I’m gonna’ take your territory cards and chop off your head! Review



  • N/A


  • 1 - 8


  • Hasbro Interactive


  • N/A

Release Date

  • 12/31/1969
  • Out Now


  • PC


I’m gonna’ take your territory cards and chop off your head!

All right so it’s Risk. You remember the game, that staple of rainy day entertainment.

Everyone divided up the board into their own territories, placed their armies,

and then spent the next 36 hours battling until someone controlled everything,

at which point all of the game players agreed that they would never play Risk


This experience is a lot like Risk, the computer game. You sit down with the

intent to play for maybe 45 minutes, and suddenly all sense of time is lost

and it is four hours later. How can any computer program based on a board game

end up being so addictive?

Easy, you take the original idea, include it, and then also create a new spin

on the classic that blows everyone away. They call it “ultimate risk”. What

it allows the player to do is build forts, create generals, and launch battles

using real military movements, not rolls of the dice. What this means is that

the success of your attack depends on the tactic that your opponent chooses

vs. the one that you choose. For instance, defending from an entrenched position

works wonders against a frontal assault by a superior force, but would be completely

vulnerable to a flank attack from left or right.

The forts are cool, too. They allow you to protect key territories that you

do not want to lose, like say the one in which your capital has been placed.

What this means is that an opponent cannot just sweep in using one spectacular

roll of the dice and clean out an entire legion that is placed at your capital.

It would take him a couple turns to wipe out a fortress, time enough for you

to place reinforcements.

The game

board is fairly dynamic too, giving the player an option to battle for 19th

century Europe and Asia, 18thcentury North America, and the world. For those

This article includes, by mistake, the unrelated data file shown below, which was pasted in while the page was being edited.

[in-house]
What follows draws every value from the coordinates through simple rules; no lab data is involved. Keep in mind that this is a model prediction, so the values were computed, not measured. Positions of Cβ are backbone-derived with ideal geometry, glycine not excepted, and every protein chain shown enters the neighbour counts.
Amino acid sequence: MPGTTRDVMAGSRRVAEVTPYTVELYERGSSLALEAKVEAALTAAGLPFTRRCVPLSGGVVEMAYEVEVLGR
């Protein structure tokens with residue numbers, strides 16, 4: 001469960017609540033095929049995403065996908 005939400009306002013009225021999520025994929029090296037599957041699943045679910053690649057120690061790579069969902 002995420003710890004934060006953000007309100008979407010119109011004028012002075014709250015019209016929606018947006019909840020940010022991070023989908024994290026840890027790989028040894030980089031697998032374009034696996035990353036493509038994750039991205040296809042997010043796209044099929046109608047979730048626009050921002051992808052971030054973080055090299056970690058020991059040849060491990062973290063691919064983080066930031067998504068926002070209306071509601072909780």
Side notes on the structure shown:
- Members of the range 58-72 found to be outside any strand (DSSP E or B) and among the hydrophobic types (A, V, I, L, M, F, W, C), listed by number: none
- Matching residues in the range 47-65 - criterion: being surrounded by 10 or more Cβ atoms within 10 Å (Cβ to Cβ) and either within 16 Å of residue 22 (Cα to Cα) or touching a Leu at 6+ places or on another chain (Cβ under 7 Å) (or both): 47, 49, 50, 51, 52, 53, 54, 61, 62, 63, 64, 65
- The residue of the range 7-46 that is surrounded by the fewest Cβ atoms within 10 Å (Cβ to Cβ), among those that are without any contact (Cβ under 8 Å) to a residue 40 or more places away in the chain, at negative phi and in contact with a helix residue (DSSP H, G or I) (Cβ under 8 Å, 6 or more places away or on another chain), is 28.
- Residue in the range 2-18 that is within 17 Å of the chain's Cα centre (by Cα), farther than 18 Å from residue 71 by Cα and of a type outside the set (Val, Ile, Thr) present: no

nostalgic for the old game, the designers threw in the classic game board as

well. If you play the “ultimate" game previously described, the board comes

alive. I call this the rotating skull turn, as denoted by the bit-mapped skull

in the top left corner of the screen. During this point, random events such

as storms, epidemics, and mutinies occur. This keeps the game from becoming

static, with players hiding behind impenetrable defenses. There is always something

happening, always a rebellion, always an opportunity to take advantage of a

opposing player’s misfortune.

This game is quite impressive graphically. The board is recreated beautifully,

with detailed coastlines, small forests, and mountains. During the battle sequences,

there are animations of men fighting and dying, forts being shelled, and armies

surrendering or gloating in victory. When you destroy an opponent, the cut-scene

shows a hapless prisoner being led to a guillotine in the town square.

Sound also adds to this game, with battle noises, the crackling of burning

flags as you take over a territory, and the sickening slice of a blade through

someone’s neck.

Unfortunately the interface leaves a bit to be desired. it is confusing at

firs and forces you to cycle through too many options just to get through a

turn. Anyone who remembers playing the old Mac version knows what a simple clean

interface can do for Risk. The GUI (graphical user interface) on this newest

version actually adds time to the length of games.

The multiplayer screen is good, as the game gives you the option to play over

modem, network, or simply on one computer with several people in the room. Everything

in the game has a simple point-and-click interface, including all of the menu

screens preceding the game. My only complaint was that the multiplayer function

does not allow the player to use all of the flags for specific countries that

are available on the map.

Finally, if all of that were not enough, the game’s designers included a number

of actual scenarios for each type of board used in the game. Special missions

in Europe and the World center around the Napoleonic Wars, while Asia looks

at the period of the first colonialization of the region in the 1790’s, and

you get to play the Americans or the British in 1800’s North America. This game

is very nice, simply in terms of playability, challenge, features, graphics,

and its considerable lack of problems. Why couldn’t every game be like this